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Dances of Universal Peace promotes unity

January 28, 2014

Richman and Pazereckas.

Just looking at Stazya Richman and Myriah Pazereckas, one might not think the two women have much in common: Rich­man is a classically trained vo­calist who sings like a bird and Pazereckas is a counselor with an analytical mind. But one thing the two longtime friends are enthusiastic about is Dances of Universal Peace (DUP), the monthly song and dance movement that takes place in the Colville Public Li­brary.
“I came in contact with it (DUP) over 35 years ago when I was in Berlin, before the wall fell,” recalls Richman, who or­ganized the local DUP with Paz­ereckas 10 years ago. “They were doing the dances at a ho­listic center where I was work­ing.”
Pazereckas first learned about the dances while attending a Sufi camp in Mexico.
“I really came to it with a be­ginner’s mind,” says Pazereckas. “I was impressed by how varied and inclusive they were.”
The Dances of Universal Peace were started in the 1960s by Sufi teacher and Zen master Samuel L. Lewis. The dances are easy to follow music and move­ments set to songs from the world’s spiritual and religious traditions. Practitioners are from all walks of life and faiths. Christian, Buddhist, Jewish, Muslim-- no one gets left out. Anyone and everyone is invited to attend.

Local dances

The next dances are Sunday, Feb.16 in the Colville Public Library basement. A potluck dish and small donation to go to the cost of facility rental is appreciated.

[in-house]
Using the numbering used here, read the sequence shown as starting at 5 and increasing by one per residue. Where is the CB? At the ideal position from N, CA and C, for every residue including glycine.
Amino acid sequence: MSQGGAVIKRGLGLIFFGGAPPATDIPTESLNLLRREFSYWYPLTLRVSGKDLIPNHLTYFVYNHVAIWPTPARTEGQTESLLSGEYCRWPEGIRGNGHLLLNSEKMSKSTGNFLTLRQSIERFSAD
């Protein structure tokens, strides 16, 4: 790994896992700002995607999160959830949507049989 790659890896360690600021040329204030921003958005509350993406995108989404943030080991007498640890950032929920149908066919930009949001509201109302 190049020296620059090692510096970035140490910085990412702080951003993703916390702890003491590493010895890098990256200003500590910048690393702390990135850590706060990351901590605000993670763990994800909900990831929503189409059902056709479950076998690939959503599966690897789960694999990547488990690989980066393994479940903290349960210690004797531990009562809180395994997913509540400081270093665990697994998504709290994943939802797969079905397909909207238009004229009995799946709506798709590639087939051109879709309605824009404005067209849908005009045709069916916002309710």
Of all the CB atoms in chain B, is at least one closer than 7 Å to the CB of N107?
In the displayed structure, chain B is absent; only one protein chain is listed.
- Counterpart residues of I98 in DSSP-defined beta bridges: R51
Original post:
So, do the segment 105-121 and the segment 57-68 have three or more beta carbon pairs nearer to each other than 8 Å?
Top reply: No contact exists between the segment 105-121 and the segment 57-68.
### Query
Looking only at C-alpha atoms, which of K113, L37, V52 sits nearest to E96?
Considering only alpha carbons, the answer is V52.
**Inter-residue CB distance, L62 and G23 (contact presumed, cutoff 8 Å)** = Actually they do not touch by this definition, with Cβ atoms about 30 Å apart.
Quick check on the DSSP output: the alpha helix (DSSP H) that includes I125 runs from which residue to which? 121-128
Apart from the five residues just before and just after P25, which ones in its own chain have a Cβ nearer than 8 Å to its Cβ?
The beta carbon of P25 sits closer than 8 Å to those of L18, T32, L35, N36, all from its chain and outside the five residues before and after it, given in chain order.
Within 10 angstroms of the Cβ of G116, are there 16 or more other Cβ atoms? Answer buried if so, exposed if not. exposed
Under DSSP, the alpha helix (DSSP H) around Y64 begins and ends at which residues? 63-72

“When we decided to do this, we made a pact that whether three or 30 people showed up, we were just gong to offer the dances to people,” says Rich­man. “Some people get shy and claim they can’t dance, but if you can move, you can dance these dances. Just think of it as a moving prayer.”
Neither woman sees Dances of Universal Peace as a conflict to their own faiths. Richman is Jewish, and both women have seen nuns, priests and devotees of various religions participate in the dances.
“It’s not exclusive, or in con­tradiction to your traditional faith,” states Pazereckas. “If all these different faiths eat, dance and pray together, we create peace. We have more similarities than we do differences.”
For more information about the dances, call Pazereckas at 684-1590 or Richman at 684-7761.
Check out the website at www.dancesofuniversalpeace.org.

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